This Cast-Iron Scrubber Revolutionized the Way I Clean My Pans

Cleaning your kitchen doesn’t have to be a nightmare. Dare we say it could be fun? Welcome to BA’s Cleaning Week: Consider this your trusty guide to the nooks and crannies that you definitely are not scrubbing often enough, plus the pro-approved tools and products to get the job done.

My Lodge cast-iron pan has lived on my stovetop permanently ever since I acquired it. I use it to make almost everything, with the exception of fried eggs (which I still make in my nonstick skillet). For weekend breakfast, there are crunchy hash browns, chicken roasted with a variety of root vegetables, apple crumble, and sausages with beans and greens.

The only thing these dishes have in common, other being utterly wonderful, is that they are expert at coating the bottom of my pan with a layer of sludge and/or charcoal char. Because I am lazy, I looked carefully for a cast-iron cleaning technique that would keep my cookware gleaming and debris-free but also wouldn’t need a lot of labor. I tried using hot water and a scrub brush, baking soda and a scouring pad, and even a little dish soap (a little is allowed if you re-season) to scrape the pan, but none of these techniques stuck. It was more likely that I would leave the dirty pan on the stove and act as if I had never seen it until I needed it again. But I was determined that this skillet would not suffer the same fate as my first cast-iron pan, a cherry red Le Creuset square grill pan, which perished tragically as a result of a steak with a pepper crust gone hideously wrong. Let her soul rest in peace.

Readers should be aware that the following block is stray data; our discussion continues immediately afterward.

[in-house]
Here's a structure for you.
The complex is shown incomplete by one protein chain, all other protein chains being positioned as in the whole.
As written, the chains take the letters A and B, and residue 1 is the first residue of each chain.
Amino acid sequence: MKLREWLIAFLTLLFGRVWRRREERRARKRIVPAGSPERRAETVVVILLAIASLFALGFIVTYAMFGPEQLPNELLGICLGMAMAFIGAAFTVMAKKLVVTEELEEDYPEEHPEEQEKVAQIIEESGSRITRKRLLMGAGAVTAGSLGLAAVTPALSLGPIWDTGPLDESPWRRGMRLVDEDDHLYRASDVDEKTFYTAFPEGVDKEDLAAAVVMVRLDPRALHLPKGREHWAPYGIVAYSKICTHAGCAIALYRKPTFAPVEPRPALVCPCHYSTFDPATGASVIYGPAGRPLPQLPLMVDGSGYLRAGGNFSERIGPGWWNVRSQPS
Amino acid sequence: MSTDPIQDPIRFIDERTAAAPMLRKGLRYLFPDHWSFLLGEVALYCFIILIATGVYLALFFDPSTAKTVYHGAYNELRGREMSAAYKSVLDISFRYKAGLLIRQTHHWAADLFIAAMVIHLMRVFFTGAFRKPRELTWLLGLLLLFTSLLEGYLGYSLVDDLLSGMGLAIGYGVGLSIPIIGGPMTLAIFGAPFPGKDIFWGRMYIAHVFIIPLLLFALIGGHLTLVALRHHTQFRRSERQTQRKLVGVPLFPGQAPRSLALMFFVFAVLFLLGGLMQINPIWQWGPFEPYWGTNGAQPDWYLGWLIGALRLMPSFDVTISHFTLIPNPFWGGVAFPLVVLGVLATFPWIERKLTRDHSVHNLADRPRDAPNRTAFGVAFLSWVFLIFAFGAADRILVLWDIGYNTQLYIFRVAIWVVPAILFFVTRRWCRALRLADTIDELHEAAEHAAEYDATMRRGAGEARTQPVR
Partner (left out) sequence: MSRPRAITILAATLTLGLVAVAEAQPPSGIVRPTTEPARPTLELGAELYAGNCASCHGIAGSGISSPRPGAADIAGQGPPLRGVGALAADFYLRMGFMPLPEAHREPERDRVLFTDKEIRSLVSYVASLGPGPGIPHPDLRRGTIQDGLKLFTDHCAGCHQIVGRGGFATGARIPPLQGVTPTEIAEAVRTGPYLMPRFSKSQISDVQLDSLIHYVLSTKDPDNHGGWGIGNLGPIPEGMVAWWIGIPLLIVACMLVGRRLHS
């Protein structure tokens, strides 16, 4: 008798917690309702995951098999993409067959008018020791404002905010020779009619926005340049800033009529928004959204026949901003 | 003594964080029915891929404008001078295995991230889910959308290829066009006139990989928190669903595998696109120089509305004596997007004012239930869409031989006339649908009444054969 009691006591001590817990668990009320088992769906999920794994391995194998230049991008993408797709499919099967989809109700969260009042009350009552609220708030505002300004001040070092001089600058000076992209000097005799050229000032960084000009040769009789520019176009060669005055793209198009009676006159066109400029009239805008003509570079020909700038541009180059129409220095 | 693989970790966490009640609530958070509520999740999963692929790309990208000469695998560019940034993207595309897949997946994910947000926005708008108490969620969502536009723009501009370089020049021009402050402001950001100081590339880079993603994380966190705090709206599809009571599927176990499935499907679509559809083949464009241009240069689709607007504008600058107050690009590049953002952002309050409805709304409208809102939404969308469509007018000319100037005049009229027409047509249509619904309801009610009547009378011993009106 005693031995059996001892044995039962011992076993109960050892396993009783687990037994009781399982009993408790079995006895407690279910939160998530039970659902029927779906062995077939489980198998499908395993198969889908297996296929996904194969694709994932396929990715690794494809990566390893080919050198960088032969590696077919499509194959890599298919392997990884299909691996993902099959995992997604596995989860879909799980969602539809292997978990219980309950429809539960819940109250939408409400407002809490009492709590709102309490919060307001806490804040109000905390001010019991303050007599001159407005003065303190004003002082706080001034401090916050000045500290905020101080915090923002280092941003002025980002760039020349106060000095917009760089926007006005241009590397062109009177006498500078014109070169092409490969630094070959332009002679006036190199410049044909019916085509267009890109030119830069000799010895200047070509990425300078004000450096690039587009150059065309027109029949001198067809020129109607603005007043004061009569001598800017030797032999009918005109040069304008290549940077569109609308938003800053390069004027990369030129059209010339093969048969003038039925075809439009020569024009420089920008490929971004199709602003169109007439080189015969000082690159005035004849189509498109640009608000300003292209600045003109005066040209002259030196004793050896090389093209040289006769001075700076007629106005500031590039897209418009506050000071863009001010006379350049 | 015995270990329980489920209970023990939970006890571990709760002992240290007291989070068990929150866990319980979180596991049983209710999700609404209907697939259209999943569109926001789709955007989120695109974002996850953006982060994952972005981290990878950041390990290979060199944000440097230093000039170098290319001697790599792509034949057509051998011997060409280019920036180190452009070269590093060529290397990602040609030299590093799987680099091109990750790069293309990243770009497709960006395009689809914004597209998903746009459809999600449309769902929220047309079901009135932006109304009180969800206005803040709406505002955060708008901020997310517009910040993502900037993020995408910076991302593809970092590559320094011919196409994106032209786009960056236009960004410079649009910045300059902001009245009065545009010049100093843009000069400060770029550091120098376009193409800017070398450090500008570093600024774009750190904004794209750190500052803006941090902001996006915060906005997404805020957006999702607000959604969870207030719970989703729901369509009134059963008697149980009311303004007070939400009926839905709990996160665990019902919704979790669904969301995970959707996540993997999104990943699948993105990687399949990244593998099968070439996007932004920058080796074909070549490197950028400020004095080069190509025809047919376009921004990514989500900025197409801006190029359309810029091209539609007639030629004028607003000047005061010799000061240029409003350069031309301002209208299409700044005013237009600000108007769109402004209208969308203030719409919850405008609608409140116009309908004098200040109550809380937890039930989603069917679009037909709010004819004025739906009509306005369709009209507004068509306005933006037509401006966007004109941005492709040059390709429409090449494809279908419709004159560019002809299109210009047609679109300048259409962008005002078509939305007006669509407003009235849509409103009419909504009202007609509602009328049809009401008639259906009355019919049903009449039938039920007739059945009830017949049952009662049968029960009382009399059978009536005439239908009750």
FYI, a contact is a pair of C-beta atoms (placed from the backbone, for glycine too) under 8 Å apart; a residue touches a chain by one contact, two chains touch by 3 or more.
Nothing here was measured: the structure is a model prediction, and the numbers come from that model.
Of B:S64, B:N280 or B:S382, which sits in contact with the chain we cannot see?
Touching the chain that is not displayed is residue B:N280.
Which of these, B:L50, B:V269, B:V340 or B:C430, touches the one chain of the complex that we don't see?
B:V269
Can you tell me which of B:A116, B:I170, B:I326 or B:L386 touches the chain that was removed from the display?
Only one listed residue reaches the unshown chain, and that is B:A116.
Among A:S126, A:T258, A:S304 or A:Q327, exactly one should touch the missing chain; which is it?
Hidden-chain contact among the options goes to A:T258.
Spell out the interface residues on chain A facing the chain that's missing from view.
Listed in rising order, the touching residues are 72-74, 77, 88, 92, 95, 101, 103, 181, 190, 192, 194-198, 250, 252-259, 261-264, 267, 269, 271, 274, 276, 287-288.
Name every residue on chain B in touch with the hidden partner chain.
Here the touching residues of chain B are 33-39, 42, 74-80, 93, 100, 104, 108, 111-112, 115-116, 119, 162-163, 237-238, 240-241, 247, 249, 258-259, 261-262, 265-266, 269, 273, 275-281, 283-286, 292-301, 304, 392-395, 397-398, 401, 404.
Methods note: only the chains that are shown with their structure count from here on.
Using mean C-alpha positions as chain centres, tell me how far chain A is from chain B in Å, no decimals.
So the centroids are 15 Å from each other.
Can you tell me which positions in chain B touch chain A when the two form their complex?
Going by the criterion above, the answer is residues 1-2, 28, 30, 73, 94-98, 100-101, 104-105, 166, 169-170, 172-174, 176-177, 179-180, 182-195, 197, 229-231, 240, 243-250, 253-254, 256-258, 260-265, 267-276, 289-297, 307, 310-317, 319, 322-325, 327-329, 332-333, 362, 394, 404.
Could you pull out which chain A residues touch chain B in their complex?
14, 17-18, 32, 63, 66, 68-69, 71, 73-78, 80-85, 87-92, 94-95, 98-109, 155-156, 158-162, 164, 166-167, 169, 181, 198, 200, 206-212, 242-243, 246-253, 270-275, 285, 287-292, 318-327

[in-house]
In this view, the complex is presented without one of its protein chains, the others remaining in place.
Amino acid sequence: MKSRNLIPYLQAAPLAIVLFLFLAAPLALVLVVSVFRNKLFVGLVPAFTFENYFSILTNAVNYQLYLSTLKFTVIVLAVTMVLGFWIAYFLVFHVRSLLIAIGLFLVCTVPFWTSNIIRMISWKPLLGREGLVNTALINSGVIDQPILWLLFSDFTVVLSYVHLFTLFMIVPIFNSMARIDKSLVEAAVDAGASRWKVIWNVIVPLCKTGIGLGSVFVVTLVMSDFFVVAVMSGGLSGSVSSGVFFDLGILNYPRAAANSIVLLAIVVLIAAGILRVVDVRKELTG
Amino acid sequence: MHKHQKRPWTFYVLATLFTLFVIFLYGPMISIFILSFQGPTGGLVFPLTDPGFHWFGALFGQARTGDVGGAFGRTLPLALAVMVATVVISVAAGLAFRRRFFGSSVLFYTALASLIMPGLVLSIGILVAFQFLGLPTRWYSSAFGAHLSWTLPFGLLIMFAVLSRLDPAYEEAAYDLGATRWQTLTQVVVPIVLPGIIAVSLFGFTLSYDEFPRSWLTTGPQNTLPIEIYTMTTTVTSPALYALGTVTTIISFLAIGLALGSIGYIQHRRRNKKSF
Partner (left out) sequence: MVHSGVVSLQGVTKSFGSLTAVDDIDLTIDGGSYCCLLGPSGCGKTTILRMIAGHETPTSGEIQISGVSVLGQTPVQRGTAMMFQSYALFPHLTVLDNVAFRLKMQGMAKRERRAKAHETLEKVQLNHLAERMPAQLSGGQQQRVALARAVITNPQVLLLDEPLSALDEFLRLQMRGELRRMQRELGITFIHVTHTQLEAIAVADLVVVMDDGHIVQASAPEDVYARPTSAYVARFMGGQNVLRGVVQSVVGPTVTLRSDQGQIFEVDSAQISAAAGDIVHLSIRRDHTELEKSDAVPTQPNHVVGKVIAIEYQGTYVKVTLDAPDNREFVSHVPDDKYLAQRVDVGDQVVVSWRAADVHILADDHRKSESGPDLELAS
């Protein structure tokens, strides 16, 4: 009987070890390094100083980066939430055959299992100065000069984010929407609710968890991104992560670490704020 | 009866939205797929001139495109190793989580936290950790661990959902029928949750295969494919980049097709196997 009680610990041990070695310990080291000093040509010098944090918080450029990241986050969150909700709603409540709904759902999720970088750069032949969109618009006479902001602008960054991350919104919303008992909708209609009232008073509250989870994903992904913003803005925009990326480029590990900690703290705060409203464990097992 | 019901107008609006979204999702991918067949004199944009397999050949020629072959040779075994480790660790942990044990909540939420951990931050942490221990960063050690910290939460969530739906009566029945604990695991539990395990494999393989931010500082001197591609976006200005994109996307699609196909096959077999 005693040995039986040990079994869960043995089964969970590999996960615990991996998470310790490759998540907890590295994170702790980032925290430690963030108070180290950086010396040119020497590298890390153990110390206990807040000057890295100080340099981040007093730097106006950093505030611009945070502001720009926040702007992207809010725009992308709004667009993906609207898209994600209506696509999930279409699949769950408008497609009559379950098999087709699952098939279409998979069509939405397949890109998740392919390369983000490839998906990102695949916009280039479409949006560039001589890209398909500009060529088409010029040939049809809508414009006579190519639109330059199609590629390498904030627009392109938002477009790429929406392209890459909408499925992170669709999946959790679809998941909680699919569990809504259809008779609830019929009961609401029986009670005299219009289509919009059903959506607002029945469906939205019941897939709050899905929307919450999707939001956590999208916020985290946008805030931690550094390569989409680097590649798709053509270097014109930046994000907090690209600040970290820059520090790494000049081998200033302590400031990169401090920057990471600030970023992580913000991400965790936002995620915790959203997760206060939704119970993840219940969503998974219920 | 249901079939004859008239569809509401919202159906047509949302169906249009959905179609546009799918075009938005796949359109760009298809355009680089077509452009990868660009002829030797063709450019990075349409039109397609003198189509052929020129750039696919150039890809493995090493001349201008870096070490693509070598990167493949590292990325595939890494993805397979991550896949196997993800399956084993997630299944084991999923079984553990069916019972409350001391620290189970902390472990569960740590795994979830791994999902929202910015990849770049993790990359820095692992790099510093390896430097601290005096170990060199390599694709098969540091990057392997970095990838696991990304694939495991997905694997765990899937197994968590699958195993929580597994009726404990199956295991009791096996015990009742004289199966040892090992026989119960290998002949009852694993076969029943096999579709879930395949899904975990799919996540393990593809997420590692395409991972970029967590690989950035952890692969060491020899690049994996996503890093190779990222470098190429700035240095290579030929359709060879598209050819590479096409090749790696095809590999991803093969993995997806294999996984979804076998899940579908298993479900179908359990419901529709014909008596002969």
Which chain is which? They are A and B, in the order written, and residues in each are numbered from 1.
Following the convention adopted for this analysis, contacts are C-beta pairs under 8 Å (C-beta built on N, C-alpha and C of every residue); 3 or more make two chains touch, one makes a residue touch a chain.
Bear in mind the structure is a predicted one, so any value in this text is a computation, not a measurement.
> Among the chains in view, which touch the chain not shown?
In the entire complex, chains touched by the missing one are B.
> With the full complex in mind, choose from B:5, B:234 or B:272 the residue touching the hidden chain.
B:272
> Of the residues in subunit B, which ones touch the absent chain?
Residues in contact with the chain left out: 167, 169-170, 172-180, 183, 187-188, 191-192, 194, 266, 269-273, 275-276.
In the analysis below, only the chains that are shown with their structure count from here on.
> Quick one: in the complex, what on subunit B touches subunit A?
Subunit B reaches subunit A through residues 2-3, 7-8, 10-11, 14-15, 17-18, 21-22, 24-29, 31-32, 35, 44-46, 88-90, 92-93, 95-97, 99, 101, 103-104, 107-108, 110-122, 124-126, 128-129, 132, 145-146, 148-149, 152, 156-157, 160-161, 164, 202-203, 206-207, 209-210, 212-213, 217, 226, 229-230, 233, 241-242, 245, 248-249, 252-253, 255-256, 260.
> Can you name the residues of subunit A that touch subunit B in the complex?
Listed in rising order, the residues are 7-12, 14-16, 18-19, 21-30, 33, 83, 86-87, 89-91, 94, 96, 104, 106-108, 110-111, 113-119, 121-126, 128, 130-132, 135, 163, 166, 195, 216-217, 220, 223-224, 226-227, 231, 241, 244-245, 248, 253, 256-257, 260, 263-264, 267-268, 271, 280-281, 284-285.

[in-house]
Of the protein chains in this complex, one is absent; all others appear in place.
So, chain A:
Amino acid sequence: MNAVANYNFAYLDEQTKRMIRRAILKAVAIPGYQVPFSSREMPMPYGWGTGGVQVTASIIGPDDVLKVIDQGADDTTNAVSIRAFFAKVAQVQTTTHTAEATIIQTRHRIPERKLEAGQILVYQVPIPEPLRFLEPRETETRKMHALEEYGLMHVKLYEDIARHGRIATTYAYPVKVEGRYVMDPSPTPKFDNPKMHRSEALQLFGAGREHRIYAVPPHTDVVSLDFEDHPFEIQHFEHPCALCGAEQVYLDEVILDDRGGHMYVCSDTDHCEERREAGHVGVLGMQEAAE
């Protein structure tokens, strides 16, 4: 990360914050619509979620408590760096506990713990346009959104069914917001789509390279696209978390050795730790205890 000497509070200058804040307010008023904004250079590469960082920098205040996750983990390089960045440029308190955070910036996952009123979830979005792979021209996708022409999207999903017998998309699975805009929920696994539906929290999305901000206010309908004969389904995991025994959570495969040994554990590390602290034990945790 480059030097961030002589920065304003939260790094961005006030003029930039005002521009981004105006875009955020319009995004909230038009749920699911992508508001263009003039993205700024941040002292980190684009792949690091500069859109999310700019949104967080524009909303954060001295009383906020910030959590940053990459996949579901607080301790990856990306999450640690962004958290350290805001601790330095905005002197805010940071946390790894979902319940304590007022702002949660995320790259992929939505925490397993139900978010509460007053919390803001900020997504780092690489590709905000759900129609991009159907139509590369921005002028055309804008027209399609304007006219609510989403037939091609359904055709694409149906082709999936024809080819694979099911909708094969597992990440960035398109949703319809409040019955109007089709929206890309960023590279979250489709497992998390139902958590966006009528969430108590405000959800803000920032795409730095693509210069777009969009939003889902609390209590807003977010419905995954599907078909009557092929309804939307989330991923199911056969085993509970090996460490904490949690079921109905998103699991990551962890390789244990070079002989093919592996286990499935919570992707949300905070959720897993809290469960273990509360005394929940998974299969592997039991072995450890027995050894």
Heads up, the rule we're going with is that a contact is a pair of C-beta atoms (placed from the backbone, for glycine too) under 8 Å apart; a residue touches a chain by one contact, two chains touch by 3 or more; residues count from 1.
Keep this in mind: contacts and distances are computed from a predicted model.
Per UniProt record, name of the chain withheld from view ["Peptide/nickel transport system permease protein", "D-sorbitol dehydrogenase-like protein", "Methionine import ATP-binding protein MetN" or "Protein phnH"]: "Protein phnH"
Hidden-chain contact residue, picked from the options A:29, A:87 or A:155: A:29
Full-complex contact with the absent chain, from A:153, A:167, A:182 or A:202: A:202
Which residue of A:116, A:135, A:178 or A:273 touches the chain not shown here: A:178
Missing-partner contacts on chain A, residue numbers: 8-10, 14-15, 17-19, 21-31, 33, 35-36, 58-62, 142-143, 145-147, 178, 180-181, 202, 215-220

Then, because this is my idea of fun, I came across the Ringer—a cast-iron scrubber and miraculous cleaning tool—while looking for bottle brushes on Amazon. This exquisite 8″x6″ stretch of slinky chain mail appears to have been torn from a medieval knight’s armor. That is the simplest approach I’ve discovered for removing even the most tenacious crusty particles from cast iron.

The interlocking rings of this rust-resistant, extremely durable stainless steel chain mail produce a rough surface that is excellent for removing crusted-on residue. This is how it goes: Fill your cast-iron skillet (or griddle, or Dutch oven), once you’re finished cooking and it’s cold enough to handle, in the sink with some warm water. Next, use the Scrubber to scrub down the entire pan’s surface. If you’re working with a thick crust, repeat the process. After that, dry and lightly oil the pan as usual. That is it, exactly. You can either run the Plate under the faucet to remove any stuck-on food or just put it in the dishwasher to clean it.

Fear not if, like me, you have a healthy suspicion of gadgets with only one use (think of garlic presses and avocado slicers). This chain mail scrubber can handle crinkly pizza stones, sheet pans, woks, and Pyrex dishes in addition to cast-iron cookware. It will last a lifetime and, unlike a typical kitchen sponge, there are no concerns about bacteria. Belief: If you use your skillet as frequently as I do, this cast-iron cleaning is worth every penny of its $18 price tag. Bring it, steak with a pepper crust!

Messy kitchen? More sparkling stories from Bon Appétit’s Cleaning Week:

This article was originally published in 2016 and was updated by Megan Wahn in 2023.


Leave a Comment